1. Trying to generate sales with the One-Step marketing strategy.
This is the most basic marketing strategy used by most real estate agents today. It's everywhere. It consists of an ad, flyer or other marketing device that simply announces the real estate agent name and agency, possibly lists a few basic features of services and ends with an address and phone number. The prospect is now expected to respond to this type of marketing piece by immediately purchasing.
Unless you are offering an extremely high-demand, hard-to-get product/service (an original Van Gogh painting, Super bowl tickets, etc.) this marketing strategy almost always results in little or no response. This strategy totally disregards the psychological buying sequence of consumers. It's very much like walking up to a stranger at a party and asking Would you marry me? What do you think the response would be?
2. Not knowing for sure which of your marketing efforts are producing results and which are big money-wasters.
Even new real estate agents are investing in up to a dozen marketing devices at any given time. Not only are we talking about traditional media, like newspaper or Yellow Page ads but many others that may not be as obvious.
These marketing devices are either contributing to your business profit or destroying it. Most real estate agents don't have a clue as to which is which. If they did, they could easily guarantee increasing their profitable results by investing more in the winning devices and eliminating the money-wasting losing devices.
3. Expecting your prospects to know exactly what you want them
to do. Never, never, never assume. Take a look at most real estate ads and you'll see that the agents/brokers are almost always assuming that the reader/prospect will know exactly what they want them to do… without telling them. At the bottom of the ad there will be a phone number and an address. Usually nothing more. Ask one of these persons what they wanted the prospect to do after reading their ad and they will most likely reply, Buy my product! Isn't it obvious??
The answer is a resounding No!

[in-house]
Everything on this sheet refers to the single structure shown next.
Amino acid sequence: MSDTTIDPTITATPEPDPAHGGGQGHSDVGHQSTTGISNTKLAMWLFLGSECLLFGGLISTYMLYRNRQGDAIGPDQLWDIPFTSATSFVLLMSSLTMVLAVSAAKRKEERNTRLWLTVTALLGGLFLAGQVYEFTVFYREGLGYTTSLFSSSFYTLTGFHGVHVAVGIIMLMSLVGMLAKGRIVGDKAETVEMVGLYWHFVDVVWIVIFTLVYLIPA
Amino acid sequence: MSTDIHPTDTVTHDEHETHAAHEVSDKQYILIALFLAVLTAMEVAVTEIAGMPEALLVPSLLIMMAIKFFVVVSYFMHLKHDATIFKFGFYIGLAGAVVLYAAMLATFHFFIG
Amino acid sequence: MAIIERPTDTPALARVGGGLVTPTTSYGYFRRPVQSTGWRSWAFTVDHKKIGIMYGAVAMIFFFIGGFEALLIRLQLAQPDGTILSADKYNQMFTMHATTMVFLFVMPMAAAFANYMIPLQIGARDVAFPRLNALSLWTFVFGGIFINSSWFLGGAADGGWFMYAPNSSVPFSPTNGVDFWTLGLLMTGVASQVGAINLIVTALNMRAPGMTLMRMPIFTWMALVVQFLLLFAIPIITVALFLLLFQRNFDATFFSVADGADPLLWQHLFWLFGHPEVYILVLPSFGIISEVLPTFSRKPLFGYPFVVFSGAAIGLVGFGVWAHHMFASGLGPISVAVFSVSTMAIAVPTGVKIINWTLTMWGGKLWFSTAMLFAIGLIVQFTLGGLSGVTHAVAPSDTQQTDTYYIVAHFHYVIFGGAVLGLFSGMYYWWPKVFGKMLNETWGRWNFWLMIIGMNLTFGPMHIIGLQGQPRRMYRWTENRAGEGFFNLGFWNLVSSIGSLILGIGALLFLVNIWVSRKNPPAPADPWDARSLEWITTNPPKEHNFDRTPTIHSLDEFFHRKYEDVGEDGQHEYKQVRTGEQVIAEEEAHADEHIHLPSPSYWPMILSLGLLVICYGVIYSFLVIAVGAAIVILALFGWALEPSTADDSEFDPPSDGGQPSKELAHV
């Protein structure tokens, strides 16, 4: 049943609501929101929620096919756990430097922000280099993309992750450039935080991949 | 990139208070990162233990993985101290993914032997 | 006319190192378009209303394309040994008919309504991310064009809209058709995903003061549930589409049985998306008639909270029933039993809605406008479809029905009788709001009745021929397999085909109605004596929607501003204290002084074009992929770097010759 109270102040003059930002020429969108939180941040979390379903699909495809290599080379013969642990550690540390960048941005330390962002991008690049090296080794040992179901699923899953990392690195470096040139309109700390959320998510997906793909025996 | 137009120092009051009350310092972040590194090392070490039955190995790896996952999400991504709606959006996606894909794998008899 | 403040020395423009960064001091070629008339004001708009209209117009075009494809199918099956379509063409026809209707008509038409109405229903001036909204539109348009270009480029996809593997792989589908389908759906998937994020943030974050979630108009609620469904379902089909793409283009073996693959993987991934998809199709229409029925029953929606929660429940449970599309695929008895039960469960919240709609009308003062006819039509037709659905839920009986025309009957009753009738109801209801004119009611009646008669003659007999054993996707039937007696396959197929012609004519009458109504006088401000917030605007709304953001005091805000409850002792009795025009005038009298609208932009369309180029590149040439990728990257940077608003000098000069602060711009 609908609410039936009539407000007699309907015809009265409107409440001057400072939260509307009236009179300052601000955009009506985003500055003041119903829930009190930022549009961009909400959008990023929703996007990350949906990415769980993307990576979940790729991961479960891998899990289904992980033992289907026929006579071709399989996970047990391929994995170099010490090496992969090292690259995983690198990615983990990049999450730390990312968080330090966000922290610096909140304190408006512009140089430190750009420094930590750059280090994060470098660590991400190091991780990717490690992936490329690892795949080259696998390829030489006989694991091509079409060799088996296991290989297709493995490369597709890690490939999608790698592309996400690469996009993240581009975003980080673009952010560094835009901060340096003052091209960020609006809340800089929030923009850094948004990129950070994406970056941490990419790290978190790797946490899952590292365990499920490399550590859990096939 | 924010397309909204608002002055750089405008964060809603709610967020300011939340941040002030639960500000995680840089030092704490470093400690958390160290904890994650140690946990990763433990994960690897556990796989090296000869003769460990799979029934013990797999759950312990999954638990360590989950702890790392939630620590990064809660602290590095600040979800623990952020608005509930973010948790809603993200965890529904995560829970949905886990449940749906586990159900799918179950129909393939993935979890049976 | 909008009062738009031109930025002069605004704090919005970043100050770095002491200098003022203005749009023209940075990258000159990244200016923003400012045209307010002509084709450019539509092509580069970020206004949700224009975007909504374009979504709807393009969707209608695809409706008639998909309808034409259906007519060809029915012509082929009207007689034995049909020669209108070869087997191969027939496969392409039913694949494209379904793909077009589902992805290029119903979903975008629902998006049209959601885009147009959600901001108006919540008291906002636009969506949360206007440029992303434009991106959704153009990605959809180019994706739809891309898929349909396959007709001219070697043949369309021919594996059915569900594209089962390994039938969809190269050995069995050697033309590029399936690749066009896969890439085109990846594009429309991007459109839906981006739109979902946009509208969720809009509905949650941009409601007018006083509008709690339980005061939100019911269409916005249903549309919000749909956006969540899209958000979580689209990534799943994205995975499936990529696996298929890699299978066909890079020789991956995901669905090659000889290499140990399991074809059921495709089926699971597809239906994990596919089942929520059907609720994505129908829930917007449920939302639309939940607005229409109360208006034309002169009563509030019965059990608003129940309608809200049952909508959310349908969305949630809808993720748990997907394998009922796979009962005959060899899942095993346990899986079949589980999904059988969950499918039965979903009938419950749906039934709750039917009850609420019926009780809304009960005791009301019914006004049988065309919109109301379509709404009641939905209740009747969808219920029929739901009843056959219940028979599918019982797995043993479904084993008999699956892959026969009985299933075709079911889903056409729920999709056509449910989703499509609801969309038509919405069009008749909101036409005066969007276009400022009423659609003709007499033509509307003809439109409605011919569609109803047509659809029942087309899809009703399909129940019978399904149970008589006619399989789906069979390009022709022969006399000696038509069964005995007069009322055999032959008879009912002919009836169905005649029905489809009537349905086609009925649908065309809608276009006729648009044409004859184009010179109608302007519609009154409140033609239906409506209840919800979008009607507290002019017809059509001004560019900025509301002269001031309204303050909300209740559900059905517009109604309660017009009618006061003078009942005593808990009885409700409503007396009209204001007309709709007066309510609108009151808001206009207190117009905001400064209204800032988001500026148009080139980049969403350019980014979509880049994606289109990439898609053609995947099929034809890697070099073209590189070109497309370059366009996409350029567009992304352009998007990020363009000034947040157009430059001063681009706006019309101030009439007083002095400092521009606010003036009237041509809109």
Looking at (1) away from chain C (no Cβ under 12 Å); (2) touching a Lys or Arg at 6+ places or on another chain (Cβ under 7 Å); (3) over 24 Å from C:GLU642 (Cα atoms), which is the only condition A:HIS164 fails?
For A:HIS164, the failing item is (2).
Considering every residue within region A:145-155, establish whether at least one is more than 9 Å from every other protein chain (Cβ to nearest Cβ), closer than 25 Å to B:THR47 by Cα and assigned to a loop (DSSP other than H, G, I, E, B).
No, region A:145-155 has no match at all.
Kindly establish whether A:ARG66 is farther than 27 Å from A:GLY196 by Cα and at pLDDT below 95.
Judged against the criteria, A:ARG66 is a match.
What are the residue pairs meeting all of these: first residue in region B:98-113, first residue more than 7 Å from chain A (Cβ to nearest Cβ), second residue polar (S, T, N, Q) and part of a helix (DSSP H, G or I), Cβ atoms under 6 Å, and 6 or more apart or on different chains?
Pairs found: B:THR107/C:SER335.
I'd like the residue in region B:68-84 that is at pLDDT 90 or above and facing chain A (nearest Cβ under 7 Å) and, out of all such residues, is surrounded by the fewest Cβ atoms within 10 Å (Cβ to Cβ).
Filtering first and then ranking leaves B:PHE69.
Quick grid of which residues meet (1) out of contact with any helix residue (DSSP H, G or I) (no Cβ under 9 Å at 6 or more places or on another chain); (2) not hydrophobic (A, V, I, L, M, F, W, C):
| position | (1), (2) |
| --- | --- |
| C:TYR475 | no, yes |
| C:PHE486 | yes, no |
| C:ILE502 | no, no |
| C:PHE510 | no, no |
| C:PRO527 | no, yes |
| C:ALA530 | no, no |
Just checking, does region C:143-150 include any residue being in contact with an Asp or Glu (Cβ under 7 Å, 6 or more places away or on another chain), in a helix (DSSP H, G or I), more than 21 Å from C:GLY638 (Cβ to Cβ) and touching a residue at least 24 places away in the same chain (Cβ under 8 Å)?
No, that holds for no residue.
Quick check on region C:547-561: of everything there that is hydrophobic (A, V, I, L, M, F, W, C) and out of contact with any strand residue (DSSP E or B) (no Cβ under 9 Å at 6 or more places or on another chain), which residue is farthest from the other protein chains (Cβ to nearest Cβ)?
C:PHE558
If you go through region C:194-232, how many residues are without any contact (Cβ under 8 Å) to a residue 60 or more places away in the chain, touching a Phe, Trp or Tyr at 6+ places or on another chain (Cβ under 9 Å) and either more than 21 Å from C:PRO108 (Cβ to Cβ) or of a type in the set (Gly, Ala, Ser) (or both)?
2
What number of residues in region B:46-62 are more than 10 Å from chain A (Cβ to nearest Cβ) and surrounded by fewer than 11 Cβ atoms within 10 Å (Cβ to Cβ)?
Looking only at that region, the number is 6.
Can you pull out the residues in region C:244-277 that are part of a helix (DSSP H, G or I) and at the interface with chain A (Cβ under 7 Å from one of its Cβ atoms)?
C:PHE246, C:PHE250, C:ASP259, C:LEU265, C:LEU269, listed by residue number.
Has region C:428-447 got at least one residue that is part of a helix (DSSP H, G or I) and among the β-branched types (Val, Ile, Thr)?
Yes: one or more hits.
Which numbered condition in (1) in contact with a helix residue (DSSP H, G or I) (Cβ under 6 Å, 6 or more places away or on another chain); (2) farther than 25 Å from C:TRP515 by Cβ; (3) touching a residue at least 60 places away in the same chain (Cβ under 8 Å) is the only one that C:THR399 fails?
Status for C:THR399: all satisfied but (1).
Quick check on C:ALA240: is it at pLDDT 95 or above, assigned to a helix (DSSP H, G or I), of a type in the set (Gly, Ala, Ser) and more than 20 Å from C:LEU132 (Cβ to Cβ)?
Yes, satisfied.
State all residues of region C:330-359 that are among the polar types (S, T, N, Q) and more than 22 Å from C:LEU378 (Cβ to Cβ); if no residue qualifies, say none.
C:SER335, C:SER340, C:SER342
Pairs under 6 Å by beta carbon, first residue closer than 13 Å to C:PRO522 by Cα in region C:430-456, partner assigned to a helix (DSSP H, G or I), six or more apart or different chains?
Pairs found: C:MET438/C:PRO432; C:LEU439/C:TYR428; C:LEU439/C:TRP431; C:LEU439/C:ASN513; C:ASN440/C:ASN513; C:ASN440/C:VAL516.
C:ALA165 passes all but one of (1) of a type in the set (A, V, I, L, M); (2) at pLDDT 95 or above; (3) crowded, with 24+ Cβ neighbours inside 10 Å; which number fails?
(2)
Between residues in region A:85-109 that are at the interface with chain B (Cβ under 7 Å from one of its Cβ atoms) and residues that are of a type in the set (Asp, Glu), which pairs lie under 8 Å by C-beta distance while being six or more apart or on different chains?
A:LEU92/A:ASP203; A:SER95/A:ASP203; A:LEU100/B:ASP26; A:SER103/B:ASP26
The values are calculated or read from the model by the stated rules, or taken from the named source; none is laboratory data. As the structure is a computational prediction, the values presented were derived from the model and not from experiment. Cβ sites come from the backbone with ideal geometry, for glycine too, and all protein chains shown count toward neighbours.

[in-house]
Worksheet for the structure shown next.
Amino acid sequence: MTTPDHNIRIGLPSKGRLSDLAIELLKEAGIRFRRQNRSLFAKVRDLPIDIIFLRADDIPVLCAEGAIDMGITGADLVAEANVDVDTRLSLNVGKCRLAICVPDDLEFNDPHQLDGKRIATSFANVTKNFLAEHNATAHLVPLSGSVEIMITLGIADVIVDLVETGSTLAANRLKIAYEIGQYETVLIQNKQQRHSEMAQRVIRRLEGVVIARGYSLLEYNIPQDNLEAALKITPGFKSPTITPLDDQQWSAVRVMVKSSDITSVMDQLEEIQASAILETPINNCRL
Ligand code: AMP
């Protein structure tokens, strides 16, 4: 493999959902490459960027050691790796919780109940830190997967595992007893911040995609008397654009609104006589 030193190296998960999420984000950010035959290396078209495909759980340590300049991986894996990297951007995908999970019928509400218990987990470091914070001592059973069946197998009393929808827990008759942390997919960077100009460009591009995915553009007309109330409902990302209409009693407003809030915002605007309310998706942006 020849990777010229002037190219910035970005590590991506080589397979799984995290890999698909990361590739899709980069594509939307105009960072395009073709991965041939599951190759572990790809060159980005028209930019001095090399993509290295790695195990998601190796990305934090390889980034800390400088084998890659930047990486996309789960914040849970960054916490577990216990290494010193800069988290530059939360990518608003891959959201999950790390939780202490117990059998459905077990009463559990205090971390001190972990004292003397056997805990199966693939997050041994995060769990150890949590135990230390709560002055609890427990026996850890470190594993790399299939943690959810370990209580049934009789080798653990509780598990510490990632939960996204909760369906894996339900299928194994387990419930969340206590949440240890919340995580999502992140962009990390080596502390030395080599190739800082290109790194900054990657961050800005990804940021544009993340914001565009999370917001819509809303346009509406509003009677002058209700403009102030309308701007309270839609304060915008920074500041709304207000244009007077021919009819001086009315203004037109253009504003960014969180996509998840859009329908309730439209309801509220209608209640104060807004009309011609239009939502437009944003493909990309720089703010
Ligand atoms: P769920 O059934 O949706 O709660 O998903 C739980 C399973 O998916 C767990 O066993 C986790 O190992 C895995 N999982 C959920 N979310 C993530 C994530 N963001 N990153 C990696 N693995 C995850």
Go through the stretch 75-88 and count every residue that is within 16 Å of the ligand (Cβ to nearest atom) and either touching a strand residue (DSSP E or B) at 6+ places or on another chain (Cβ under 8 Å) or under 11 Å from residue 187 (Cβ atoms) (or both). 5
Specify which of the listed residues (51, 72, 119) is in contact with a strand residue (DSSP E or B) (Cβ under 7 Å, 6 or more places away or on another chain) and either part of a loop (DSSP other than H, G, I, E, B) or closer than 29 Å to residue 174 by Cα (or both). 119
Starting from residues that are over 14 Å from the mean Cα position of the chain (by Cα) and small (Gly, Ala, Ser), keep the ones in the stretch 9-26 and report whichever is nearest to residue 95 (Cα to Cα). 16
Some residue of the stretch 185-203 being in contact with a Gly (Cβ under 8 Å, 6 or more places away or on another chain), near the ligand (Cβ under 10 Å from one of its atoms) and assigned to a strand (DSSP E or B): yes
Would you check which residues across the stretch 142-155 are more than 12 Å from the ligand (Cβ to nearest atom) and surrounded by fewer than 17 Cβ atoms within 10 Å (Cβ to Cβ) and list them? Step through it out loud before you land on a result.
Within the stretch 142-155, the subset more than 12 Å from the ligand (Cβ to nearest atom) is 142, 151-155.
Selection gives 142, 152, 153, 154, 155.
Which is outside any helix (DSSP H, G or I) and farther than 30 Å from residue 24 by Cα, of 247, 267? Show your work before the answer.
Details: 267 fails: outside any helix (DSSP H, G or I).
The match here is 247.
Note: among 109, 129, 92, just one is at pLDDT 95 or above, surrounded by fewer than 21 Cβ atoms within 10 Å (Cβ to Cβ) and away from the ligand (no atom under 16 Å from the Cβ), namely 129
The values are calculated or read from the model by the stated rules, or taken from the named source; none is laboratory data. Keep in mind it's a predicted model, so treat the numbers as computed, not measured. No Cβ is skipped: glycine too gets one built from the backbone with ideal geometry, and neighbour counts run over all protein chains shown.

For one, there is rarely enough information in the typical marketing piece for a consumer to make an immediate buying decision. Therefore, that can't be the action expected from the consumer.
Second, the marketing competition for the prospect's consumer dollars is fierce. The prospect is usually exposed to dozens of ads for basically the same services. Obviously, he or she is not going to take action on every single ad.
How do you insure that they will respond to your marketing piece and take the specific action you intended? Certainly, not by assuming that they will know or figure out what you want them to do. In order for a real estate agent to tell prospects exactly what action to take next, the real estate agent must know what that action should be. Once you know the psychological buying sequence the next expected action becomes obvious.
4. Expecting your prospects to Call for More Information.
Closely related to fatal mistake number 3, is the marketing piece that again simply announces the business name, lists a few basic features of the product or service, ends with an address and phone number… and then asks the prospect to Call for More Information.
One of the last things a prospect wants, is to feel dumb. What information should they ask for? Does this mean that the real estate agent doesn't have a brochure or any other literature? Are they going to have to take notes?? Will there be a test? The other thing no prospect wants is to feel pressured. Whether it's true or not, the average prospect assumes that they'll get a high-pressured sales pitch if they call. Most do not want to risk this pain. Therefore, the Call for More Information tag is almost always ignored.
While some prospects may not have a problem responding to this vague directive, the majority do. If you doubt this… try putting it at the bottom of your marketing pieces. You'll soon be convinced that few prospects, if any, respond to the Call for More Information fatal marketing mistake.
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5. Focusing your marketing efforts on you or your company.
It seems natural to tell your prospects about you and your company. We're proud of what we do and how we do it and we assume that our prospects will be impressed and motivated to take action.
We've been in business for 16 years… We are an award winning, cutting-edge agency… We are equipped with the latest micro-techno, laser-guided, nuclear-activated widget-gizmos…
Too often these phrases evoke the following responses from prospects:
- So what?
- Big deal.
- Who cares?
Please don't misunderstand. I'm not saying that your marketing materials shouldn't include background information about you and your company and/or specifications about your product/service. I'm saying that this should be supportive information, not your primary marketing message.
It's a fatal marketing mistake to think that prospects care about the same things you care about. They rarely do. However, they do care deeply about something entirely different. Once you know what that is, and you address it powerfully and clearly in your marketing, you will begin to draw prospects to you like a magnet.